Afrikan Boy, an exponent of grime, a UK-based genre of urban music, provided vocals on the song "Hussel". M.I.A. opted to work with him because she felt that he seemed comfortable with his identity as a "real immigrant" and because his background was different to that of most MCs in the genre. She had originally planned to include "Mango Pickle Down River"—her remix of The Wilcannia Mob's song "Down River"—on a mix-tape, but chose to include it on the album because she felt it was rare to hear the "aboriginal voice" in recorded music, and described opening track "Bamboo Banga" as having a "bamboo-stick beat, house-y feel". The song "Jimmy" was included as a tribute to her mother and is M.I.A.'s version of an old Bollywood film track to which she used to dance at parties as a child. Despite the involvement of Baltimore club musician Blaqstarr, "The Turn" turned out to be the album's only ballad, and the track has been described as the least like club music. "20 Dollar" was written about the relative ease of buying AK-47s in war-torn Liberia. "XR2" recalls part of the artist's life growing up with rave music in early 1990s London, while the song "Paper Planes" jokingly plays on M.I.A.'s problems with visas and certain perceptions of immigrants.

Release and artwork

Miakalap.jpgthumb130pxleftalt=A woman appears in three different poses wearing a police hat, bright neon blue short hair, large sunglasses, a gold chain, yellow and silver top, purple skirt and dark blue leggings. Her nails' are couloured in a light blue shade.M.I.A. in a 2007 promotional photo for the Kala release

In April 2007 Rolling Stone reported that Kala would be released on 26 June of that year. After being delayed for unknown reasons, the album was eventually released by XL Recordings on 8 August 2007 in Japan and on 20 August in the UK, and by Interscope Records on 21 August in the United States. The Japanese edition featured three extra tracks not included on the versions released in other countries. Following the unexpected commercial success of "Paper Planes", Kala was re-issued in the United Kingdom in October 2008. A 4 November 2008 U.S. re-release was announced, but as of late 2009 the album had not been re-issued in the United States.

The album's packaging includes photographs taken by M.I.A. and others in Liberia and Jamaica.Track listing and credits as per liner notes for Kala album The cover artwork to Kala, designed by M.I.A., features neon fractal patterns and repeated slogans, including "Fight On! Fight On! Fight On!", which surrounds her image on the front cover. The cover was considered garish, prompting The Village Voice to comment "Maybe one day make an album cover that it doesn't hurt to look at". Additional graphics for the album were provided by English fashion designer Carri Mundane (a.k.a Cassette Playa) and Steve Loveridge. The album's artwork was inspired by African art, "from dictator fashion to old stickers on the back of cars," which M.I.A hoped, like her artwork extended "Okley Run" clothing range, would capture "a 3-D sense, the shapes, the prints, the sound, film, technology, politics, economics" of a certain time.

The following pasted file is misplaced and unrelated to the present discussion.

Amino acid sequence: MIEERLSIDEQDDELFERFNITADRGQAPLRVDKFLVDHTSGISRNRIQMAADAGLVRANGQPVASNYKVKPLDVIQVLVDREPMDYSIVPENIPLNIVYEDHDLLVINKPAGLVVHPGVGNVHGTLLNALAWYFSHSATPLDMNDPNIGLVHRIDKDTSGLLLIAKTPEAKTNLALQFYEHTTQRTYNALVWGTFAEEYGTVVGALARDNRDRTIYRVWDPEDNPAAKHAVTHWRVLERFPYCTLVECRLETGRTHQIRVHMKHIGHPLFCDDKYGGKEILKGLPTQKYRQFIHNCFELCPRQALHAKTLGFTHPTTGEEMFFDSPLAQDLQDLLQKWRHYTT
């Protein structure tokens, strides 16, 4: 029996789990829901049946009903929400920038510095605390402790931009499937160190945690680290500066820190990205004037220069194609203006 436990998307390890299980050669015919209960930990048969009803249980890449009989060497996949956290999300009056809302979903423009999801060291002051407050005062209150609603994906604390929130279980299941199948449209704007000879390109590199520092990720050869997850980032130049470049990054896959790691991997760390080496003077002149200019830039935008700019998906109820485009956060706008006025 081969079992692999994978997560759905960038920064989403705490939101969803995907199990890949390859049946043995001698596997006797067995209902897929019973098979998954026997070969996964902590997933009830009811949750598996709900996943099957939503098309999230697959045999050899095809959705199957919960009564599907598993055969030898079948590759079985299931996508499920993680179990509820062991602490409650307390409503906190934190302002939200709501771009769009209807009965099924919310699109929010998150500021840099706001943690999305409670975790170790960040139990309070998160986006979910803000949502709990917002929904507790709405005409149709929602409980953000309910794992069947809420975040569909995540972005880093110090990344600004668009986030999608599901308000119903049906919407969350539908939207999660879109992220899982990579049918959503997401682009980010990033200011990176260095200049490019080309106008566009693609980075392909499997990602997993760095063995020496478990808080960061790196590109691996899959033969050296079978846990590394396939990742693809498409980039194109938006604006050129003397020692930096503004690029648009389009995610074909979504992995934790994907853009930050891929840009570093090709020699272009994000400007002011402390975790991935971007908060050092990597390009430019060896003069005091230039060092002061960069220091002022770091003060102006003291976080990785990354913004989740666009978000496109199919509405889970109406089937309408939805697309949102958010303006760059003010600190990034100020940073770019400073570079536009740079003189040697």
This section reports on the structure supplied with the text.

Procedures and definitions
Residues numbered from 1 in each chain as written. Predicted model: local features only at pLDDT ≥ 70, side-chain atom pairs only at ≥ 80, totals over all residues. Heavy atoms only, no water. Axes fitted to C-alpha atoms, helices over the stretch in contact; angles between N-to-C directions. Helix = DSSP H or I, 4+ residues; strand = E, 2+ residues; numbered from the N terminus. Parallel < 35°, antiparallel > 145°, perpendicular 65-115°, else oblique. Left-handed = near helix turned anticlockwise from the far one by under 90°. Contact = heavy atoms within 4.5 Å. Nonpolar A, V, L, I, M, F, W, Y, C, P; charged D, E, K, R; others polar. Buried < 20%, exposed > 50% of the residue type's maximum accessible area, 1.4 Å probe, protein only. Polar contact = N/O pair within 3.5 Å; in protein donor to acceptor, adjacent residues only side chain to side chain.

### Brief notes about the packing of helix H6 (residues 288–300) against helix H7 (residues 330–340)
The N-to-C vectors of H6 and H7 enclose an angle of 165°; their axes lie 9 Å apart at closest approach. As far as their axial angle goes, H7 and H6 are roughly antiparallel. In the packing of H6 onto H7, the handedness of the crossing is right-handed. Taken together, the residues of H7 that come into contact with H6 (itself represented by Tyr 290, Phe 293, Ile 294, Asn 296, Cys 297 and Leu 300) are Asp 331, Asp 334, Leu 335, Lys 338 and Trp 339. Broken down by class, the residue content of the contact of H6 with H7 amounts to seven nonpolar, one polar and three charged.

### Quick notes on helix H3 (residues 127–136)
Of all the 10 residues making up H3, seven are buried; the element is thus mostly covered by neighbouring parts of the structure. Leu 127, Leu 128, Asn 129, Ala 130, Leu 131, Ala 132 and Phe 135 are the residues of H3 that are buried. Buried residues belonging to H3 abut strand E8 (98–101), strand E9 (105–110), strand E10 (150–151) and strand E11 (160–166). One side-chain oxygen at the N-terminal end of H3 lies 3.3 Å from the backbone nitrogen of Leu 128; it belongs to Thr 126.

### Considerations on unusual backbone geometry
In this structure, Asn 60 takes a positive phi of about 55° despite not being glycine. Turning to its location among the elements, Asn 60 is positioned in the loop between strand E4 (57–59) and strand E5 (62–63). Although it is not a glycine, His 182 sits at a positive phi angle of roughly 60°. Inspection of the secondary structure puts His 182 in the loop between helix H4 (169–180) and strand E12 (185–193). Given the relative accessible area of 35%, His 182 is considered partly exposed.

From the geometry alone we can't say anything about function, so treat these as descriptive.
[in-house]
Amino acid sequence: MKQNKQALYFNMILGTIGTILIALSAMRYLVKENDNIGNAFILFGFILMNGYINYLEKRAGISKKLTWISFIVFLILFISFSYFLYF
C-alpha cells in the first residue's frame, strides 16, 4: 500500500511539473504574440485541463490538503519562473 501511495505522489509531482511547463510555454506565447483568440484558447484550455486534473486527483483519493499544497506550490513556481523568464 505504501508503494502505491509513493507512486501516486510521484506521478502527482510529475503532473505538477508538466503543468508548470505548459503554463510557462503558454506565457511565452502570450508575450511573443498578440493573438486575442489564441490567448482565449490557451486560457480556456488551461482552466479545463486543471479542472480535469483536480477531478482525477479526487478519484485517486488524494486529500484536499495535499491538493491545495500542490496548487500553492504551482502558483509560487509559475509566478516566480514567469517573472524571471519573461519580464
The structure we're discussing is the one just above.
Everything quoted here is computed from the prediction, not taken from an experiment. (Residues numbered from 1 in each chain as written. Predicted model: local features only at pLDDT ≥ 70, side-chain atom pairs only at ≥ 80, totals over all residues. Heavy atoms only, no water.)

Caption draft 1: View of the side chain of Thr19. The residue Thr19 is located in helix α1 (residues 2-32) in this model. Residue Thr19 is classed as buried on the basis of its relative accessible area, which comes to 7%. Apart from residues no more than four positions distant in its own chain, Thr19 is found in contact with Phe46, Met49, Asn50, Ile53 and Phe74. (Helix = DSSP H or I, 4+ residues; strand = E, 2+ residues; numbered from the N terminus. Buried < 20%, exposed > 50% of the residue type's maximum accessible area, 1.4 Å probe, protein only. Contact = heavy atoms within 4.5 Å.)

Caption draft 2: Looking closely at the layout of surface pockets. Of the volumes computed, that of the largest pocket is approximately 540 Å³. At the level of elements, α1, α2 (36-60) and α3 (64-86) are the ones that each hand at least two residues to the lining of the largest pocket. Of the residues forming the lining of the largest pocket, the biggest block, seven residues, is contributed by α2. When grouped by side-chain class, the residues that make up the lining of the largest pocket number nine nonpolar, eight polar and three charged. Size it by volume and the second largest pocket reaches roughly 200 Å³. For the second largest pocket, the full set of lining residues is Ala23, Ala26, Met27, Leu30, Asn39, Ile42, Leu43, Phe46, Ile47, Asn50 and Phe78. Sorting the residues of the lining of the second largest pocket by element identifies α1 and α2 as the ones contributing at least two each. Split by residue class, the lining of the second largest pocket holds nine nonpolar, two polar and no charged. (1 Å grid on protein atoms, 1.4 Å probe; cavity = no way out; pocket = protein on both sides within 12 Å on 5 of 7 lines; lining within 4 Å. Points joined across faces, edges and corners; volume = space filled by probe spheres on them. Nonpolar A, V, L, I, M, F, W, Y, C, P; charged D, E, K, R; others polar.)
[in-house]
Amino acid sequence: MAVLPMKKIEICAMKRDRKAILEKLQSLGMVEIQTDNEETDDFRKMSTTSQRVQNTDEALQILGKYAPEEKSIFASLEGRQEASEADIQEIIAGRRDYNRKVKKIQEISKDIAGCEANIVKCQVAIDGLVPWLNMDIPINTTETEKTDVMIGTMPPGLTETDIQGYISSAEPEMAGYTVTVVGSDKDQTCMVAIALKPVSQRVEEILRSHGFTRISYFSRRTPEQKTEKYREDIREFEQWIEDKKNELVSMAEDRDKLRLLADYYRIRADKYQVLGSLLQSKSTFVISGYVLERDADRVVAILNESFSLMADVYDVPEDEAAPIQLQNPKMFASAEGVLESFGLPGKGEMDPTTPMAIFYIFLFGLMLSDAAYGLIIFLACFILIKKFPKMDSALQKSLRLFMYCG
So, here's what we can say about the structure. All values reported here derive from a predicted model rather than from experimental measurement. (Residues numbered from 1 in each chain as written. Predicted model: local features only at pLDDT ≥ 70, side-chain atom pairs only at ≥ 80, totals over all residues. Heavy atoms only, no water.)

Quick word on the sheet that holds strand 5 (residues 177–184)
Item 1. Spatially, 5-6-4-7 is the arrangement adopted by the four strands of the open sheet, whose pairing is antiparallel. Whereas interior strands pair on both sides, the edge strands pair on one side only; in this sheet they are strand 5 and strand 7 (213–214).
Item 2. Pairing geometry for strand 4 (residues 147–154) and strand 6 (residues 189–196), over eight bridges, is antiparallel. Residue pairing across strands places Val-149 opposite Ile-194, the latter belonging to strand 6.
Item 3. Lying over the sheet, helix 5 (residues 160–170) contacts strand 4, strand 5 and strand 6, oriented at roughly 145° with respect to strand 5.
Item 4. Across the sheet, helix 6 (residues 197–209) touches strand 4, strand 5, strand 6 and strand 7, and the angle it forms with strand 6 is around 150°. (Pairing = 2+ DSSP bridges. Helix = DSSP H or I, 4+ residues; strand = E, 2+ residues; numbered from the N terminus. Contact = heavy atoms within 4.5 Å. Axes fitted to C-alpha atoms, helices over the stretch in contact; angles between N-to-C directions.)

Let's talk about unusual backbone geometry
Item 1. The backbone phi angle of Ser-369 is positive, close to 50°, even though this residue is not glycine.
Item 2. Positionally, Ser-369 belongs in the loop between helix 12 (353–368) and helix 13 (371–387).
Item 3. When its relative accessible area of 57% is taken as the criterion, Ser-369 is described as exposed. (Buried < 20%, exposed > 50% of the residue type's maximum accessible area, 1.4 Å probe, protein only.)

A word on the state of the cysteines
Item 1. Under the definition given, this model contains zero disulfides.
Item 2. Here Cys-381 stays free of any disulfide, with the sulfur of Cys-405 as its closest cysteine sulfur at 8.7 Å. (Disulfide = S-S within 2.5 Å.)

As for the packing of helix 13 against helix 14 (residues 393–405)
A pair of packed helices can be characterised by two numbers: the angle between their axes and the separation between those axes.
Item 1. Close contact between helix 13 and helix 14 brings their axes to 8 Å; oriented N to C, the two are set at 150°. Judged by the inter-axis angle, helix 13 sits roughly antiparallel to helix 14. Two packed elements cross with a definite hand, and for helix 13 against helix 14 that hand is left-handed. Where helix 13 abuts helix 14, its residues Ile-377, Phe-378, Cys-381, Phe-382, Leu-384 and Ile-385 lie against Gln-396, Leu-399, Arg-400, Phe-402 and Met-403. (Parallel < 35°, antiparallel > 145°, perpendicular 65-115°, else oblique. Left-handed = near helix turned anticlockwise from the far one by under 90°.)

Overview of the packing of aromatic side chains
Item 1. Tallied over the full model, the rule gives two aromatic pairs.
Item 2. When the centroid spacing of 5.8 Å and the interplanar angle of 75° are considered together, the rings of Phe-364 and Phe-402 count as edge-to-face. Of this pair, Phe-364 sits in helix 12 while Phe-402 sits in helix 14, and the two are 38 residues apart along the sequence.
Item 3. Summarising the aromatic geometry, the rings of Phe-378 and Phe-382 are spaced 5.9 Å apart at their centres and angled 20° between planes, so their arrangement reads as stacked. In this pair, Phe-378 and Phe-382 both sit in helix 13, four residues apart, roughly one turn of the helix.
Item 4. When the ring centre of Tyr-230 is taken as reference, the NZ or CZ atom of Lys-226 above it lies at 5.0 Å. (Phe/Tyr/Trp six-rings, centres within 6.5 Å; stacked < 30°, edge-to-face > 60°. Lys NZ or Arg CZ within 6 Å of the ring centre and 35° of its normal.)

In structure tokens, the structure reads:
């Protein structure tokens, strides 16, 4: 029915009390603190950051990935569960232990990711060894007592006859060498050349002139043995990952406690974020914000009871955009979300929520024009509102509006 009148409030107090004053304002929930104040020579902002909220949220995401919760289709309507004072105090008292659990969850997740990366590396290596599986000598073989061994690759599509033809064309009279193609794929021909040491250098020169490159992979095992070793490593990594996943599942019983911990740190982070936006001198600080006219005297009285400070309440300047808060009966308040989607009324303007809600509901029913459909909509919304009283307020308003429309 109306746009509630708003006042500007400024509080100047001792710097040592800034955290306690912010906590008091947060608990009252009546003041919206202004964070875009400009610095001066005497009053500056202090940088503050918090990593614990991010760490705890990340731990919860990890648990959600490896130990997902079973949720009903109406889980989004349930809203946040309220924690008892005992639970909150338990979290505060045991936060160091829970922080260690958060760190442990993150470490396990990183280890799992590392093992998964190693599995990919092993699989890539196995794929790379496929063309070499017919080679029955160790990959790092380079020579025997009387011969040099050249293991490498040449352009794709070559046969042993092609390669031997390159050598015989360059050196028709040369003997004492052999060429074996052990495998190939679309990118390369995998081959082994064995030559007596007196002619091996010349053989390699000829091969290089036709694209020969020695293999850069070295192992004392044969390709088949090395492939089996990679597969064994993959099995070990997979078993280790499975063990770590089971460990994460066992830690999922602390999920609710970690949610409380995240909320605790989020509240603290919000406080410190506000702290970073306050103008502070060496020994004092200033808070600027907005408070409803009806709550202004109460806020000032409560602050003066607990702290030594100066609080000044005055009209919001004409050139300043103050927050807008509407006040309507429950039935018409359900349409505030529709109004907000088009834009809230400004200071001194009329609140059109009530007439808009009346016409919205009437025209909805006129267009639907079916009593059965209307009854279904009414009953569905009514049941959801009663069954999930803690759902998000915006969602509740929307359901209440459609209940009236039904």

Promotion

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This text has been derived from Kala (album) on Wikipedia and is licensed under the Creative Commons Attribution/Share-Alike License 3.0

Artist/Band Information

Mathangi "Maya" Arulpragasam (; born 18 July 1975), better known by her stage name M.I.A., is a British singer-songwriter, rapper and record producer whose eclectic compositions combine elements of hip-hop, electronica, dance, alternative and world music.

M.I.A. began her career in 2000 as a visual artist and designer in West London. Since rising to prominence in early 2004 for her singles "Galang" and "Sunshowers," she has been nominated for an Academy Award, two Grammy Awards and the Mercury Prize. She released her debut album Arular in 2005 and second album Kala in 2007. Kala went gold in Canada and the United States and silver in the United Kingdom, and the singles "Boyz" and "Paper Planes" became North American top ten chart favourites in 2008. M.I.A.'s third album Maya was released in 2010 soon after the song-film short "Born Free," and reached the top ten in numerous countries worldwide. She has embarked on four global headlining tours and is the founder of her own multimedia label, N.E.E.T.. In 2008, M.I.A. was listed in Esquire magazine's list of the 75 most influential people of the 21st century and in 2009, Time magazine included M.I.A. in its annual Time 100 list of the world's most influential people.

M.I.A.'s early compositions relied heavily on the Roland MC-505 sequencer/drum machine, while later styles have created layered textures of instruments, electronics and unusual sound samples. A noted philanthropist and activist for many causes, her activism has been met with both appreciation and criticism. In 2002, she received an Alternative Turner Prize nomination for her art, and has been recognized for her work as a music video director, graphic and fashion designer.

Family and early life